Author Topic: Wild orange in Texas (Brazos Bend)  (Read 720 times)

Yorgos

  • Sr. Member
  • ****
  • Posts: 276
    • USA, Houston, Texas USDA zone 9a
    • View Profile
Wild orange in Texas (Brazos Bend)
« on: February 20, 2021, 05:57:01 PM »
Hiking around Brazos Bend State Park around Thanksgiving, I found this orange tree in the woods.  Fruit was very tasty. the size of a baseball, juicy and sweet.  I hope it survived the bitter cold we just went through.  Alligators were out in force as well.  This one was easily 8 feet long.




Near NRG Stadium, Houston Texas. USDA zone 9a

Pandan

  • Member
  • ***
  • Posts: 76
    • Georgia
    • View Profile
Re: Wild orange in Texas (Brazos Bend)
« Reply #1 on: February 20, 2021, 06:58:51 PM »
If it survives the cold weather pleeease get some seeds from it :D
Hopefully the gators are ok too

swincher

  • Member
  • ***
  • Posts: 108
    • Western WA (USDA zone 8b, KŲppen Csb)
    • View Profile
Re: Wild orange in Texas (Brazos Bend)
« Reply #2 on: February 21, 2021, 01:58:52 AM »
I, too, would love to buy seeds if it has survived.

W.

  • Member
  • ***
  • Posts: 186
    • United States, Alabama, 7b
    • View Profile
Re: Wild orange in Texas (Brazos Bend)
« Reply #3 on: February 21, 2021, 03:22:08 PM »
Put me on the seed waiting list as well, please.

Tropical Bay Area

  • Member
  • ***
  • Posts: 249
    • San Jose area, zone 9b
    • View Profile
Re: Wild orange in Texas (Brazos Bend)
« Reply #4 on: February 22, 2021, 11:51:46 PM »
Thatís a really good orange! Cuttings?
Growing tropicals in the sfo bay

lebmung

  • Hero Member
  • *****
  • Posts: 1030
    • Romania, Bucharest,7b (inside city 8a)
    • View Profile
    • Plante tropicale
Re: Wild orange in Texas (Brazos Bend)
« Reply #5 on: February 24, 2021, 03:57:52 PM »
I was just wondering can alligators survive freezing?

Pandan

  • Member
  • ***
  • Posts: 76
    • Georgia
    • View Profile
Re: Wild orange in Texas (Brazos Bend)
« Reply #6 on: February 24, 2021, 04:27:44 PM »
I was just wondering can alligators survive freezing?
Yes: these known the critters can survive freezing temps by "snorkeling" - where they stick their big snouts out of freezing water while submerged and shutdown their metabolism. Check out the awesome pics in the article below:

https://www.fox5ny.com/news/frozen-alligators-stick-noses-through-ice-to-survive-in-oklahoma

This has been witnessed in multiple states so I would both hope and assume the TX local gators have the same adaption.

850FL

  • Sr. Member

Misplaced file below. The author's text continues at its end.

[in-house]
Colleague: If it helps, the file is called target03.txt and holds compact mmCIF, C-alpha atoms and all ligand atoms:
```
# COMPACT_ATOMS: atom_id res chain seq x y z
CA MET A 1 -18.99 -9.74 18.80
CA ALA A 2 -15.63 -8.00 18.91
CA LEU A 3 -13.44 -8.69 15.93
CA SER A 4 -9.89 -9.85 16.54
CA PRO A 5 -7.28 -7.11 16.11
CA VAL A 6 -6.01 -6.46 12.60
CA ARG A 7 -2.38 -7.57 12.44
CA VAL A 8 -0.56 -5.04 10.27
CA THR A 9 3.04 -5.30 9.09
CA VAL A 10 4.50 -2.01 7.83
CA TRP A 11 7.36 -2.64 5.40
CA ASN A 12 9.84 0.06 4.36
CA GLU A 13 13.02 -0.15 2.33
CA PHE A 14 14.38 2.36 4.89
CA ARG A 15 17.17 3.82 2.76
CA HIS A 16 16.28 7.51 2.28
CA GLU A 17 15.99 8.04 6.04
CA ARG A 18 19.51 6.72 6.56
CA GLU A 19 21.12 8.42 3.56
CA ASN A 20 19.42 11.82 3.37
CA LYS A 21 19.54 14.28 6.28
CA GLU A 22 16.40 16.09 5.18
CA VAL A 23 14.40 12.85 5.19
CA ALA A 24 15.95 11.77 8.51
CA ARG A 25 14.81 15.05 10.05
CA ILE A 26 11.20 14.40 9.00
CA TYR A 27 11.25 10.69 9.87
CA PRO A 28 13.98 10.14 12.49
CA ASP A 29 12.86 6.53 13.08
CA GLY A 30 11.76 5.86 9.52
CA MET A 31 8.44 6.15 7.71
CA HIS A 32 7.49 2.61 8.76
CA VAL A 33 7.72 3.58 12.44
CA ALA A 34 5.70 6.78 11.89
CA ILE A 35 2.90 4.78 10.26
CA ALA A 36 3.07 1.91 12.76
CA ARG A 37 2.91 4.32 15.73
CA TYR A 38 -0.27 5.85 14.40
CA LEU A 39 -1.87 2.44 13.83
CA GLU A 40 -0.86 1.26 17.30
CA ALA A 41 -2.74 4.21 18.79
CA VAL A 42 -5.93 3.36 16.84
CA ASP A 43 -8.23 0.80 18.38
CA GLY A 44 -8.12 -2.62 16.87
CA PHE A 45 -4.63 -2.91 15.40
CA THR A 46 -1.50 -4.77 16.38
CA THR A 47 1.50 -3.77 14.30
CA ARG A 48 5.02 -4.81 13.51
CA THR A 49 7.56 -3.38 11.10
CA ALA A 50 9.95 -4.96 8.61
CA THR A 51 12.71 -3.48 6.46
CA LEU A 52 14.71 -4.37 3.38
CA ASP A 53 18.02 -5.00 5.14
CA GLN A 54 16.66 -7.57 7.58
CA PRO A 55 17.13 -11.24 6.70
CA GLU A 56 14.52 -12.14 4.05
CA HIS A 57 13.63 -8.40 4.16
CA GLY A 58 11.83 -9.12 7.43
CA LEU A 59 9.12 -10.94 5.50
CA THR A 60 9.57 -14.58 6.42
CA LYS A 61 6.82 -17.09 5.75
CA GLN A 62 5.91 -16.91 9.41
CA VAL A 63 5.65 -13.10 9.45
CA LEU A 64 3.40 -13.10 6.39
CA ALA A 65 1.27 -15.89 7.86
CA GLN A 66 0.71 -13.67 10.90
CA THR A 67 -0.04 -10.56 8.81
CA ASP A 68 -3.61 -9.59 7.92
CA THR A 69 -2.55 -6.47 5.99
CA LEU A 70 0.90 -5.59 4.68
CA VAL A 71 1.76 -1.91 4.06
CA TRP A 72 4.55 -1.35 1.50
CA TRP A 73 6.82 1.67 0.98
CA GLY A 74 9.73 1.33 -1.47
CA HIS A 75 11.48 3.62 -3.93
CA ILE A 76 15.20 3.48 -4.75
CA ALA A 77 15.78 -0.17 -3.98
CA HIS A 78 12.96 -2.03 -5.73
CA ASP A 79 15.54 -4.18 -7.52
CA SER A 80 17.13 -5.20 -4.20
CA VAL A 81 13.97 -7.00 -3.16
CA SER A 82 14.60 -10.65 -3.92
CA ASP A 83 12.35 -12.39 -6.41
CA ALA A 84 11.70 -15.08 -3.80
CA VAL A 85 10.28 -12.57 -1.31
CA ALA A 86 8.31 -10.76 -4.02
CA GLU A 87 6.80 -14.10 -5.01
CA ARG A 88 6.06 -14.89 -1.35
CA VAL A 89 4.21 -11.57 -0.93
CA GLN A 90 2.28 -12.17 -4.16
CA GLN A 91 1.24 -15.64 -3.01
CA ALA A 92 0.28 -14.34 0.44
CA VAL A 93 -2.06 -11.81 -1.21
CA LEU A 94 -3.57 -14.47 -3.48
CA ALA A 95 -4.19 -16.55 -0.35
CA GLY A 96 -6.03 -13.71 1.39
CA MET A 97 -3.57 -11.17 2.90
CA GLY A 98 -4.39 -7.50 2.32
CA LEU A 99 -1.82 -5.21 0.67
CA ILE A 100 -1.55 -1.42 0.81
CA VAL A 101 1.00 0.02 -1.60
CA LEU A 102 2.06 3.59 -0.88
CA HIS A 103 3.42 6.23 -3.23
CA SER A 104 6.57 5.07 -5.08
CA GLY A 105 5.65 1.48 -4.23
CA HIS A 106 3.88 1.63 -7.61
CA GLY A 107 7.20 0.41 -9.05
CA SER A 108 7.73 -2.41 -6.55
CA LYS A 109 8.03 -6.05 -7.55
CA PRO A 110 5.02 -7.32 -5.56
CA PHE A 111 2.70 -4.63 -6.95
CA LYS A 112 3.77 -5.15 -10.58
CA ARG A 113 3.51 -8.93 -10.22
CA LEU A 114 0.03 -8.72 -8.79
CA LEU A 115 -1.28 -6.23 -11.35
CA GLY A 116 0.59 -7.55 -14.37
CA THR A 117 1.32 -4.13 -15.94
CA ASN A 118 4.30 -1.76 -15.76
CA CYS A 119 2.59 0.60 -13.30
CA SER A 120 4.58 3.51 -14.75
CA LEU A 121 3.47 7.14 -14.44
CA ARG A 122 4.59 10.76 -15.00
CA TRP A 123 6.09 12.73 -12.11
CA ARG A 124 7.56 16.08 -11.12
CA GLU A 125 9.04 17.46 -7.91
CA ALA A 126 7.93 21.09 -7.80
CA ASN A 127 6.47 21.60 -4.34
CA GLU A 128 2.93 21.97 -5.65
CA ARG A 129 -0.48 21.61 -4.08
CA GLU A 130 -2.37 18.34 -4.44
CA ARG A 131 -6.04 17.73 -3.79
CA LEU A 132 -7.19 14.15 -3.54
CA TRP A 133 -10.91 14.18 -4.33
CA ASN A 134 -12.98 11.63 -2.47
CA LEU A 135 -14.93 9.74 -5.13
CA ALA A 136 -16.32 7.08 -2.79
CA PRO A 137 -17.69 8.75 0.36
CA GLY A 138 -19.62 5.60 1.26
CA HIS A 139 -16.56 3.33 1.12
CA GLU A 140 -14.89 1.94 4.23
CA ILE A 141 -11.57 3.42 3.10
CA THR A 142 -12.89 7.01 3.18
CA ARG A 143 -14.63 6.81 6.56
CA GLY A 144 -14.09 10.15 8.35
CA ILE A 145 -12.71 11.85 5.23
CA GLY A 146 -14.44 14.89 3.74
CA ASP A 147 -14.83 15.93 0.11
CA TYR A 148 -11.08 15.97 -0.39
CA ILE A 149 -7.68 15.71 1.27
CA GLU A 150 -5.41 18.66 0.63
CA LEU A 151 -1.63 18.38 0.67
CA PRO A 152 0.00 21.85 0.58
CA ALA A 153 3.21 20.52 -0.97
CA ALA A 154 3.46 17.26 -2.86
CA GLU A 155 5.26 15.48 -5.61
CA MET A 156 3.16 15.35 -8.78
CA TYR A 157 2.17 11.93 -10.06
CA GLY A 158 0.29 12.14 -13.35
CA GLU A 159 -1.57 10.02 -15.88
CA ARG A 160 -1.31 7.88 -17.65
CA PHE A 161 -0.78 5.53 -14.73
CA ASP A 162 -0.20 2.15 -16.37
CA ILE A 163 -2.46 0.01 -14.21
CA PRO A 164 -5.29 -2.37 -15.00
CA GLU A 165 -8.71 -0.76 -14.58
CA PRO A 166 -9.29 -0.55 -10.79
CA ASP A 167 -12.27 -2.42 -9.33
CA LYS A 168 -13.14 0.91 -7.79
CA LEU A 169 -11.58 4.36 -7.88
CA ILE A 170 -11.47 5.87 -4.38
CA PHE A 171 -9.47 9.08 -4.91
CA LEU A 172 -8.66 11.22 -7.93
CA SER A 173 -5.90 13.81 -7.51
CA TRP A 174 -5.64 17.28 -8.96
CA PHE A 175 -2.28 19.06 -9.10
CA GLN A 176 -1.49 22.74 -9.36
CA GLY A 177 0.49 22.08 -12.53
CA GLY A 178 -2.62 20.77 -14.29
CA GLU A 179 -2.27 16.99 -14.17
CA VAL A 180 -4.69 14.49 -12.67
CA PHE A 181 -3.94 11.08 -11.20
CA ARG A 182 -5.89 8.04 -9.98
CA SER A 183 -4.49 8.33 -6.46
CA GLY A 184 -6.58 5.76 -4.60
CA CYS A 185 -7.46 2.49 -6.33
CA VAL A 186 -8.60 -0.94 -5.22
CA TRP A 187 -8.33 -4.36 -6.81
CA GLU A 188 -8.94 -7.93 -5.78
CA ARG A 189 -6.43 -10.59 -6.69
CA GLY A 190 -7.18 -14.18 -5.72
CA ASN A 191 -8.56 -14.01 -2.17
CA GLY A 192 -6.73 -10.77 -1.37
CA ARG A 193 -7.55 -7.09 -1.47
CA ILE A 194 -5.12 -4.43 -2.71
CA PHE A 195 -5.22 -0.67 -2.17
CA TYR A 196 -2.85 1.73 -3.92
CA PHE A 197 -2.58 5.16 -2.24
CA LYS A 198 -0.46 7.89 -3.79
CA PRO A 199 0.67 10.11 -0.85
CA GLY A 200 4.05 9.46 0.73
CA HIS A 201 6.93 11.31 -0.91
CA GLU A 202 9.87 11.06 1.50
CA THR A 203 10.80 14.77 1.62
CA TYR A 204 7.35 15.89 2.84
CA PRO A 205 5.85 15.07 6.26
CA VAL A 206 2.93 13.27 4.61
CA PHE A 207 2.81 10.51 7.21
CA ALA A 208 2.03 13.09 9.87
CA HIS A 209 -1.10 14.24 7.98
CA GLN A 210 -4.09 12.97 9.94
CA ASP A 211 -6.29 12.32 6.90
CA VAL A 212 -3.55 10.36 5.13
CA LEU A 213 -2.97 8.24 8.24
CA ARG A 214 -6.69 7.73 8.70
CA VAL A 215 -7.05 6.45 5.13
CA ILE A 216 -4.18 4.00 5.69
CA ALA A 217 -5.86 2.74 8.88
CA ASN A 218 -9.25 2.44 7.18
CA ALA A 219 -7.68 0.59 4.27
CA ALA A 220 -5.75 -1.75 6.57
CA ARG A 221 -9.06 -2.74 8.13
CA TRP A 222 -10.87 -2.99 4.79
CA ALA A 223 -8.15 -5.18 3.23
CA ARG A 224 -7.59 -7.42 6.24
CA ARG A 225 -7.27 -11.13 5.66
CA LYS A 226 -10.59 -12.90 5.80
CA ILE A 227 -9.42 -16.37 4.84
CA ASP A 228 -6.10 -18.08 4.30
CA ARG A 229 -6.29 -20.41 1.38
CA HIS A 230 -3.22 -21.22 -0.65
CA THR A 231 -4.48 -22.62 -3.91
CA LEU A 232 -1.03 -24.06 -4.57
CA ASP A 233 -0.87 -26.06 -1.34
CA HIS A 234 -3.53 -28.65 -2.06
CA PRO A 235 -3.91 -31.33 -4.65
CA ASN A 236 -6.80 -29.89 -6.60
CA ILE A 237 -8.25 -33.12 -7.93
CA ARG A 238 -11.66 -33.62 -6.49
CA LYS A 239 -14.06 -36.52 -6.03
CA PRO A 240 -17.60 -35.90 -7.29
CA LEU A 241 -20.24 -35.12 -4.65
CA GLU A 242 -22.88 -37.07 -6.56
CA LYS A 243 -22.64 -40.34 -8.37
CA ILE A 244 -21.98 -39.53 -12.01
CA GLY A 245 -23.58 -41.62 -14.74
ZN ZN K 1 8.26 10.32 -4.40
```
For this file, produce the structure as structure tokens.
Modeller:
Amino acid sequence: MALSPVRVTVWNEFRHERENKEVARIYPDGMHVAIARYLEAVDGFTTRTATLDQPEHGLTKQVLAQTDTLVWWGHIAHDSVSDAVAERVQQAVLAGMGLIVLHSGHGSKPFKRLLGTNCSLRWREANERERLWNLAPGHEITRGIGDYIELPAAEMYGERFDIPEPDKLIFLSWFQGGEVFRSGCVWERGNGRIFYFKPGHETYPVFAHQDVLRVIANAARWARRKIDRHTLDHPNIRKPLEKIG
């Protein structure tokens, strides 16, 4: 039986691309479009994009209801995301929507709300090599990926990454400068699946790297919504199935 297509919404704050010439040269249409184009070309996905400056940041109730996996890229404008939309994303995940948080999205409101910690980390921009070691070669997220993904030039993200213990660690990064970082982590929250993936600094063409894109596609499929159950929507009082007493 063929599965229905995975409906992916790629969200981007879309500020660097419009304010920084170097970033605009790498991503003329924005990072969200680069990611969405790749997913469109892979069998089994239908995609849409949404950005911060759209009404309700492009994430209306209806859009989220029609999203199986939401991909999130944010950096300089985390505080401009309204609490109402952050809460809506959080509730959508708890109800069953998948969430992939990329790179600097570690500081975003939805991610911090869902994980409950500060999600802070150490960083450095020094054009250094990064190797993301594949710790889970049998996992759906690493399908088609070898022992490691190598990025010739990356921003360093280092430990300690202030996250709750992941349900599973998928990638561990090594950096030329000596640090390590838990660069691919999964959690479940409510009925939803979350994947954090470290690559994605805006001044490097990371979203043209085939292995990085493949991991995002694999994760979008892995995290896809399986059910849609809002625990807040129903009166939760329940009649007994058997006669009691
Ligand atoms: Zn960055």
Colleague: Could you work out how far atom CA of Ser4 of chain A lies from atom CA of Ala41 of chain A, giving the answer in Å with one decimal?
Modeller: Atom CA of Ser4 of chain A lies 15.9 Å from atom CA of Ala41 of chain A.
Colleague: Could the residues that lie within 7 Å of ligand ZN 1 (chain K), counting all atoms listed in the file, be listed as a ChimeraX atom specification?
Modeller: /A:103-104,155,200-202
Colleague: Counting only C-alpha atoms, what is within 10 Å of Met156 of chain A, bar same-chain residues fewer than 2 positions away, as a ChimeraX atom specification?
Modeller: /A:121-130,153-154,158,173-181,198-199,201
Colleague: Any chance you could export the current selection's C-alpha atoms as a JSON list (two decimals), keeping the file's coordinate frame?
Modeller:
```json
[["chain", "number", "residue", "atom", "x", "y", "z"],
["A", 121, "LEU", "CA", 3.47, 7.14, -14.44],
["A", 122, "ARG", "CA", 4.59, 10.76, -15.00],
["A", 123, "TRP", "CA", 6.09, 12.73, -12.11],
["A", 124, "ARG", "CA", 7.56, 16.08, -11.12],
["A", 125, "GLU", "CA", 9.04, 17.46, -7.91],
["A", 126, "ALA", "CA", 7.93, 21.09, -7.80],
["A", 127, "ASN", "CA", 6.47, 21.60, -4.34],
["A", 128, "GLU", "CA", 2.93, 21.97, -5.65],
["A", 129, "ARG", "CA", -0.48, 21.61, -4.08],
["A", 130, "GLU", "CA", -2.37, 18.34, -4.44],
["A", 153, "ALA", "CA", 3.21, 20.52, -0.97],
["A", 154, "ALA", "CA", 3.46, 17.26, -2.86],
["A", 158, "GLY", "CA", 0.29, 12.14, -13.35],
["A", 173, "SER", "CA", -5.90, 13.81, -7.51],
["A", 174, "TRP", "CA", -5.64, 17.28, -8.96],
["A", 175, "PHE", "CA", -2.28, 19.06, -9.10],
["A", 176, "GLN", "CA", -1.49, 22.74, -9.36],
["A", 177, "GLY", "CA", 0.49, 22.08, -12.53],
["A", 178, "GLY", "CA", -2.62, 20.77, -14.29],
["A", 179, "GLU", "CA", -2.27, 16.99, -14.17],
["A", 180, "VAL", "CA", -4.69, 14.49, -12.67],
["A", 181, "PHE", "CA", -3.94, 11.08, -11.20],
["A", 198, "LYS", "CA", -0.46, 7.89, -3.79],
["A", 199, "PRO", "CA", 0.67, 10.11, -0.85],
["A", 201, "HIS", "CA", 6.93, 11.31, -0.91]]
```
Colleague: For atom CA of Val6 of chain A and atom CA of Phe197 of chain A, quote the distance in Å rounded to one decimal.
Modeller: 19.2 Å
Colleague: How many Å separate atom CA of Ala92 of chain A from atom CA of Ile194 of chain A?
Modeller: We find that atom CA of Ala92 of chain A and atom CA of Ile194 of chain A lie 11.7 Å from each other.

• ****
  • Posts: 387
    • zone 8b/9a
    • View Profile
Re: Wild orange in Texas (Brazos Bend)
« Reply #7 on: March 17, 2021, 10:04:31 AM »
Hey guys if citrus seeds arenít regulated by citrus gestapo put me on the list too!!

Yorgos

  • Sr. Member
  • ****
  • Posts: 276
    • USA, Houston, Texas USDA zone 9a
    • View Profile
Re: Wild orange in Texas (Brazos Bend)
« Reply #8 on: March 18, 2021, 05:16:34 PM »
Good question.  Are you in the upper Texas coastal HLB quarantine zone?
Near NRG Stadium, Houston Texas. USDA zone 9a


Yorgos

  • Sr. Member
  • ****
  • Posts: 276
    • USA, Houston, Texas USDA zone 9a
    • View Profile
Re: Wild orange in Texas (Brazos Bend)
« Reply #10 on: March 19, 2021, 11:52:43 AM »
I will have to plan a trip out there and see if any fruit with seeds are still there. available.  Also see how cold resilient the tree is!
Near NRG Stadium, Houston Texas. USDA zone 9a


850FL

  • Sr. Member
  • ****
  • Posts: 387
    • zone 8b/9a
    • View Profile
Re: Wild orange in Texas (Brazos Bend)
« Reply #12 on: March 19, 2021, 11:41:17 PM »
What zone was this area anyway, Iím guessing something like an 8b?

SoCal2warm

  • Hero Member
  • *****
  • Posts: 1424
    • zone 10 and zone 8a
    • View Profile
Re: Wild orange in Texas (Brazos Bend)
« Reply #13 on: March 20, 2021, 04:26:09 AM »
What zone was this area anyway, Iím guessing something like an 8b?
It's just a little south of Houston, so zone 9a.


(I looked on two different climate zone maps. In the newer most up to date interactive climate zone map, it is still in 9a but not far away from 8b)

However, Texas did just have much colder temperatures than usual, so this tree probably experienced temperatures that were typical for a zone 8 winter.
I wouldn't be surprised if it has experienced a little bit of branch die-back and leaf defoliation.
« Last Edit: March 20, 2021, 04:33:38 AM by SoCal2warm »

Yorgos

  • Sr. Member
  • ****
  • Posts: 276